Airdrie's trialist, on for the second half, displayed some encouraging pace, guile and close control to weave and twist his way into the box, only for Rohan Ferguson, formerly of this parish, to cut out the cut back before it could reach a current Diamond.
70 minutes in and the ever green goal machine Stephen Dobbie took the field. At the age of 37, this exemplary professional showed clear signs that his class is indeed permanent; his game intelligence, positional awareness and deftness of touch were obvious. Thankfully, Airdrie's resistance was such that he never really got the chance to threaten a goal, another feather for the cap of the backline and the midfield.
The game wound down, but not before a superb Kyle MacDonald tackle halted an ominous Queens counter attack from an Airdrie corner. After an unwelcome period of injury time at the end of the 90, Airdrie came away with a win, a clean sheet and a sturdy performance.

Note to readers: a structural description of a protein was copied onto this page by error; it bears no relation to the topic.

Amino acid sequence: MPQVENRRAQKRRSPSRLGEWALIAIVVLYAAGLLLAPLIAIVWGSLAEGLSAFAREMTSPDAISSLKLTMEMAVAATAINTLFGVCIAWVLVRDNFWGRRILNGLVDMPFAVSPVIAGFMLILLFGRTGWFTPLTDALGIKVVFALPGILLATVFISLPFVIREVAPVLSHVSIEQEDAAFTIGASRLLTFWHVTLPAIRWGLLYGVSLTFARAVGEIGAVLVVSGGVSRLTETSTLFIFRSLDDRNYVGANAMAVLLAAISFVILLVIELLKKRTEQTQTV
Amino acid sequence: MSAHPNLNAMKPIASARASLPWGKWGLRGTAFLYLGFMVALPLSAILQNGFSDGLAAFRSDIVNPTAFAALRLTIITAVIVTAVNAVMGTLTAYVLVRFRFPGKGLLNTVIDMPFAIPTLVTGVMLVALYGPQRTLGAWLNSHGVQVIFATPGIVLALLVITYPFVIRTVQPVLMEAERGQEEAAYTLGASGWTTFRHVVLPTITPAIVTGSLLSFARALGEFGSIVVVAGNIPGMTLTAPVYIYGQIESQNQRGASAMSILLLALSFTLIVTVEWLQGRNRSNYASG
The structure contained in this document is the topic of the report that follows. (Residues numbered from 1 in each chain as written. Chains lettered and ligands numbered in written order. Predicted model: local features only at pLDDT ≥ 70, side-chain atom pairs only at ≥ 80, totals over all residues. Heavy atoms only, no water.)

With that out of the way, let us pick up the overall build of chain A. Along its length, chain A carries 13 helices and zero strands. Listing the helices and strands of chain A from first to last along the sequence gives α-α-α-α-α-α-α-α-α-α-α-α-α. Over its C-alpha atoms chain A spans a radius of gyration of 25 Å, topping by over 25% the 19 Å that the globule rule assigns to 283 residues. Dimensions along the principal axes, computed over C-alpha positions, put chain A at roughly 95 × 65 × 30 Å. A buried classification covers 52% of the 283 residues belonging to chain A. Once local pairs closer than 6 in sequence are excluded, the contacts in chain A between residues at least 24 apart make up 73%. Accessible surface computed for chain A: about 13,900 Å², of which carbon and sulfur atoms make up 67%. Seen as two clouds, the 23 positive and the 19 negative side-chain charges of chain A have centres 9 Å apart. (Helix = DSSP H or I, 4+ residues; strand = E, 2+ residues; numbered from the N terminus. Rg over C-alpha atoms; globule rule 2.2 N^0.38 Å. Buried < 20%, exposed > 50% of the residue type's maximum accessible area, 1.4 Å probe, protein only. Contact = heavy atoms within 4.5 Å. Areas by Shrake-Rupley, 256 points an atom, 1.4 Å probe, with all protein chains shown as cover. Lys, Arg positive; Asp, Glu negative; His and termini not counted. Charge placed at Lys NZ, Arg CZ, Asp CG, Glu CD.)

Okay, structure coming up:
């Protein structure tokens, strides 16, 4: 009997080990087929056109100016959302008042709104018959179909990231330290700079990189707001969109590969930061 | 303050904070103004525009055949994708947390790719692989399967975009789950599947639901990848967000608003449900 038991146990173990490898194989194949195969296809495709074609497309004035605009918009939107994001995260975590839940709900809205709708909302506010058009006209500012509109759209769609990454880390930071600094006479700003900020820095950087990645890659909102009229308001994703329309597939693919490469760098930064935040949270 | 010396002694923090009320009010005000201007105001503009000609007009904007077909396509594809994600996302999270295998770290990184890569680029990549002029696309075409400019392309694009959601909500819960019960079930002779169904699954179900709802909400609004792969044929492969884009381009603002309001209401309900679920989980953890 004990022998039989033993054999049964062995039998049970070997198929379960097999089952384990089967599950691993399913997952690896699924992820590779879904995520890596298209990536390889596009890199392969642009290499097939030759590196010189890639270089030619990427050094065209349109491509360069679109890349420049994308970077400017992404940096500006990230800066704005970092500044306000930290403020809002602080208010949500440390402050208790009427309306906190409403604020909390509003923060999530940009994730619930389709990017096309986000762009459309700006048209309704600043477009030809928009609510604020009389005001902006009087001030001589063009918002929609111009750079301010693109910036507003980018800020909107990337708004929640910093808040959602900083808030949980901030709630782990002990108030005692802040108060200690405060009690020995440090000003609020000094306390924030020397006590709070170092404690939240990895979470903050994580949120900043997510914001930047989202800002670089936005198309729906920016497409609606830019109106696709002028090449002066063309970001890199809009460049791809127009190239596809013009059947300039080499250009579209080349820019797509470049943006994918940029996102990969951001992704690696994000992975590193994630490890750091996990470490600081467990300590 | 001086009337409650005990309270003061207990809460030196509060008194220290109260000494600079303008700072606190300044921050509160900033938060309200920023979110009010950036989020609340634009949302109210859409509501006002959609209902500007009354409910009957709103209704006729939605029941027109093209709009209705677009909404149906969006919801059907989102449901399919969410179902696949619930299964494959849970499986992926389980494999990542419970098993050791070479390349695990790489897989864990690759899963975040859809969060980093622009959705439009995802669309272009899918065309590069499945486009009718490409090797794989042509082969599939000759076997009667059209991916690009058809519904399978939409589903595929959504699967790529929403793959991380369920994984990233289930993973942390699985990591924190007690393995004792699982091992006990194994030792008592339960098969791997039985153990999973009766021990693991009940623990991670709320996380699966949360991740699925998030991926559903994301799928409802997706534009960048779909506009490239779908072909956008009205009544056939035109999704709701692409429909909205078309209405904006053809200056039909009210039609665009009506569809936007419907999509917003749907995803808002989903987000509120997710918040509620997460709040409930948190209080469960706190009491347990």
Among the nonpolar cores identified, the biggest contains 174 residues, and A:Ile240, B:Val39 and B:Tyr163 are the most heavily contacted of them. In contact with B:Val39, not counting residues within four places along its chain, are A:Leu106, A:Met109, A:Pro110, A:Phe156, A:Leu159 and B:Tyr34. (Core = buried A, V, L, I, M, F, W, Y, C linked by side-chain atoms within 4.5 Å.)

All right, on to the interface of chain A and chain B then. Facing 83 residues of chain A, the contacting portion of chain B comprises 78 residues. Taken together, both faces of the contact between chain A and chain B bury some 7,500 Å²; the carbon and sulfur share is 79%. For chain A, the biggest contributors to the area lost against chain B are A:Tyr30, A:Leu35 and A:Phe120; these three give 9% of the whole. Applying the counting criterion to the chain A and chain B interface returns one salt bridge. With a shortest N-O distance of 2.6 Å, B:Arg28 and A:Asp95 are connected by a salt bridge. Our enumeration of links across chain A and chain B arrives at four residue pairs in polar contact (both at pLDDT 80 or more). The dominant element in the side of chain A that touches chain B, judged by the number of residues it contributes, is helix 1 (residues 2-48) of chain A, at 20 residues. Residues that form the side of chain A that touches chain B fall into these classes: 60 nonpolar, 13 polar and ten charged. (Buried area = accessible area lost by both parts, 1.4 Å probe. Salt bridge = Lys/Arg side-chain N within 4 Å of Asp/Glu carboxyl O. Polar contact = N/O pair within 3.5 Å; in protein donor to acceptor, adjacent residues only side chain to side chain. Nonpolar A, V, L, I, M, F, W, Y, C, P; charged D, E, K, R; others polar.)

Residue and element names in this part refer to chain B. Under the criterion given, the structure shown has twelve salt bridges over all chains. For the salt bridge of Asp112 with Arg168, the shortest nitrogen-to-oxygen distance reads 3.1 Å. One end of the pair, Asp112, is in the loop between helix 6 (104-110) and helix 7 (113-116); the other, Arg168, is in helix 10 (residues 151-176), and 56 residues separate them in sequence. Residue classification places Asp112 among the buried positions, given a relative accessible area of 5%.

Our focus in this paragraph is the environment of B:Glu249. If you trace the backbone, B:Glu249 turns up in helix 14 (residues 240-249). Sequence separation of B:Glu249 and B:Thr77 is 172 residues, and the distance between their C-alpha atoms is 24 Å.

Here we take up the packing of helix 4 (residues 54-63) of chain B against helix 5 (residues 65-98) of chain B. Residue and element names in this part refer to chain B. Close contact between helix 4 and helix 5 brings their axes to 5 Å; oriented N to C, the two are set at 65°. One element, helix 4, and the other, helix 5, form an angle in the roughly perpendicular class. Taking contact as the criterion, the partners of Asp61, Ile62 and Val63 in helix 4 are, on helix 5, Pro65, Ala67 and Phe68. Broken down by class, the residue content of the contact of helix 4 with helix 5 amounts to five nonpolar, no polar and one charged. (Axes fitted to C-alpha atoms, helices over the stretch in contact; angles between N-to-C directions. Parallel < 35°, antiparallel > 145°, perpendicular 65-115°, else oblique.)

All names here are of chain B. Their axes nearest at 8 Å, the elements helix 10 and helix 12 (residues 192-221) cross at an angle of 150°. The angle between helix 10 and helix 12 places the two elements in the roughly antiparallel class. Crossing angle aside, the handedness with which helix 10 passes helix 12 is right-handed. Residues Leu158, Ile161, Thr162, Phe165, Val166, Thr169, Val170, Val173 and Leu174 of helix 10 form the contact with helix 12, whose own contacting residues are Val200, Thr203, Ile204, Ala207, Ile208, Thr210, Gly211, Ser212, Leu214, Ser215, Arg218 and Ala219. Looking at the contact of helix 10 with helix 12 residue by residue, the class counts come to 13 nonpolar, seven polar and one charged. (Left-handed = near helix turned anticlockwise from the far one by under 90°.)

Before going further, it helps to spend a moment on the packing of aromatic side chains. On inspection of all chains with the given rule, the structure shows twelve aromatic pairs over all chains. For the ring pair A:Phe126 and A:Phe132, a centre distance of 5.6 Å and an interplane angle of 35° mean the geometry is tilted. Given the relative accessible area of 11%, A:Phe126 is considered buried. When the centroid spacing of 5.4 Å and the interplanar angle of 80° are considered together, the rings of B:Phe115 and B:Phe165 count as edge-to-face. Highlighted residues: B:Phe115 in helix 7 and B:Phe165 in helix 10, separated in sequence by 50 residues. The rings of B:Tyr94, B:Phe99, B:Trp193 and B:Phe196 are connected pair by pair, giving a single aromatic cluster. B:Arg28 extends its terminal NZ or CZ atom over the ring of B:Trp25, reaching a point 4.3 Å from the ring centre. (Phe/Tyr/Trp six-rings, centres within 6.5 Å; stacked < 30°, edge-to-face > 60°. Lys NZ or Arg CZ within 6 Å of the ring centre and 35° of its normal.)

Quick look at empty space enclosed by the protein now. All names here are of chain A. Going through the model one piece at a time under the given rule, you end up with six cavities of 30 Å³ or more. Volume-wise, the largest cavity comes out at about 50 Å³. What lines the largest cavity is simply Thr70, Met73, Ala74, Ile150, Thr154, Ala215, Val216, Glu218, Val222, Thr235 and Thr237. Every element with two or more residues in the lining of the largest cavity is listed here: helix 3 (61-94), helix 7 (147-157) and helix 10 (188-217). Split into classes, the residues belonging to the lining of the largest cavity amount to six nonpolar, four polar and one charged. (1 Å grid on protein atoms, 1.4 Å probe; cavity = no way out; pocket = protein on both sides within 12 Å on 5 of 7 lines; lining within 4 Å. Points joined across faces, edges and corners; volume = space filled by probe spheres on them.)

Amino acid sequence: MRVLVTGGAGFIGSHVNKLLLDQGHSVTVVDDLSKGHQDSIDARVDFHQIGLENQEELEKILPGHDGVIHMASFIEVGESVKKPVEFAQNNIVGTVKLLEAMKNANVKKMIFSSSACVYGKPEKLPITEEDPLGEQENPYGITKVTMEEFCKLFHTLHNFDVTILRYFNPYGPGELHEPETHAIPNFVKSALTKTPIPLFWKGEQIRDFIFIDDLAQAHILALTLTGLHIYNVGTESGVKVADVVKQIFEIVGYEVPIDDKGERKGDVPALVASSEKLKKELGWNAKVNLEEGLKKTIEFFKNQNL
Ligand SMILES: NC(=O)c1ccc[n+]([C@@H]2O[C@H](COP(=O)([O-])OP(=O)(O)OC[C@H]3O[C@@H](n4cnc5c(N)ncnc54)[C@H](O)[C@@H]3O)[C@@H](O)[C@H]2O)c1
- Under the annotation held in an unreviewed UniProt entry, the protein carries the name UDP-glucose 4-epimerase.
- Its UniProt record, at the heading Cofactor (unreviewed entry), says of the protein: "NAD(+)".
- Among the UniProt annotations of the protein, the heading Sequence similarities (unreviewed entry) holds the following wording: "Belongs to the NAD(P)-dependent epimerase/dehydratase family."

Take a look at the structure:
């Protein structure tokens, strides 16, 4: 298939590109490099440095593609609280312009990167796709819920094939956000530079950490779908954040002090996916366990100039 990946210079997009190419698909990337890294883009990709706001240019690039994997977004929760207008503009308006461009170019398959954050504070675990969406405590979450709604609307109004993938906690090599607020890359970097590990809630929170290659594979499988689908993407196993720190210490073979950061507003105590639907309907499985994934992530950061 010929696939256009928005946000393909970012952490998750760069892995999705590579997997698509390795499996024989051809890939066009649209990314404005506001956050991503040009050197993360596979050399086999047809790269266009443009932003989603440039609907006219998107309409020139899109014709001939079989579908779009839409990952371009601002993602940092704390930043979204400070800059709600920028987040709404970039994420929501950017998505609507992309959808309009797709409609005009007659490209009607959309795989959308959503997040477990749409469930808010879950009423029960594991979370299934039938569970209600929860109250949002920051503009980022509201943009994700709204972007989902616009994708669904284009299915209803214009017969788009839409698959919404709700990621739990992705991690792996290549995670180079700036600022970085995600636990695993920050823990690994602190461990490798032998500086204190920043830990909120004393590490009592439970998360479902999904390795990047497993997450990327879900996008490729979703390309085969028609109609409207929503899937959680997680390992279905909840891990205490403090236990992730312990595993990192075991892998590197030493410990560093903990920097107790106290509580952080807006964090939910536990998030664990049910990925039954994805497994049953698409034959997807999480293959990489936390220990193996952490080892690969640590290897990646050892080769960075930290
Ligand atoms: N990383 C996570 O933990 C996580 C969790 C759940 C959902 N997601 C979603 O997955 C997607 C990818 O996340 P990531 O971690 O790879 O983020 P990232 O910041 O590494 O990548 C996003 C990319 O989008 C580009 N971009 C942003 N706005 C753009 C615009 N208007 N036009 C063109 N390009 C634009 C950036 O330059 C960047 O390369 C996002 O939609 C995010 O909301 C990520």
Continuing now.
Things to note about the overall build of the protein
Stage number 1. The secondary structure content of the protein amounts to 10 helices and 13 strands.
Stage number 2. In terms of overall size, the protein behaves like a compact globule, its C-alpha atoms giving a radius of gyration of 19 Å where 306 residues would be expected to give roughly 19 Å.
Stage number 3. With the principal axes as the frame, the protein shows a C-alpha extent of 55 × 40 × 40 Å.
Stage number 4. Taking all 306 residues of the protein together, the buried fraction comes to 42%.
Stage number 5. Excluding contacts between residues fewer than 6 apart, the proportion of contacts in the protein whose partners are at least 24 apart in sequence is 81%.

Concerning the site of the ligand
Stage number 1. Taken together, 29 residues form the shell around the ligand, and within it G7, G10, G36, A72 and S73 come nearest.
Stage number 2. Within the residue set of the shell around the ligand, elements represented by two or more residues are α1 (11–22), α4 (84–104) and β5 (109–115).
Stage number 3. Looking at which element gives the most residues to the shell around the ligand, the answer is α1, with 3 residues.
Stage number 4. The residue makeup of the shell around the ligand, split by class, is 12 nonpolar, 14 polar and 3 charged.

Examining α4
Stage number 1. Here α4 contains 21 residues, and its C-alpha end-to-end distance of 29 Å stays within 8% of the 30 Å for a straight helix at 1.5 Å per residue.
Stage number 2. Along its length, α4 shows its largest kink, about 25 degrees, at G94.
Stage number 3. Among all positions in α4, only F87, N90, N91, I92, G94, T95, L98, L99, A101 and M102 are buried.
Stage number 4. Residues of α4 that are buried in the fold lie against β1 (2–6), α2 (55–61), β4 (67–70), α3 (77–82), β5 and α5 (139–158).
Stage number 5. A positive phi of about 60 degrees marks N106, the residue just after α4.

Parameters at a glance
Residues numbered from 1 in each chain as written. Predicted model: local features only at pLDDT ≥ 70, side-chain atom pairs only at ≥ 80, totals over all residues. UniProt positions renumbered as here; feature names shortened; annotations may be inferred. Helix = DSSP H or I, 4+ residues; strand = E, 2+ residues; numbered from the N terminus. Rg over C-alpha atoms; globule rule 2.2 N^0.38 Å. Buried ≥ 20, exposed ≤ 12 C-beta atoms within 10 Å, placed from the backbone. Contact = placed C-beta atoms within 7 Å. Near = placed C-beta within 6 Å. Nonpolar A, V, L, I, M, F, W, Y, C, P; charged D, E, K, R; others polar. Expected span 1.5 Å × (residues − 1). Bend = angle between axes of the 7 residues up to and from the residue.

Had we also seen a close to settled starting XI come the real stuff in October? Maybe. You'd certainly fancy the first team come the competitive fixtures to be quite close to that which started on Saturday. We shall but see. Idle Hands Man Of The Match Award goes to Griffin Sabitini.
Now, the artificially intelligent elephant in the room. The Pixellot system seemed significantly more, ahem, eccentric in the camera work than it had for the Rovers game the Tuesday before.
There were more instances of failing to follow the ball, of focusing on an area of the pitch that was momentarily sans action, of whirring to a penalty box when the ball was flying in the opposite direction.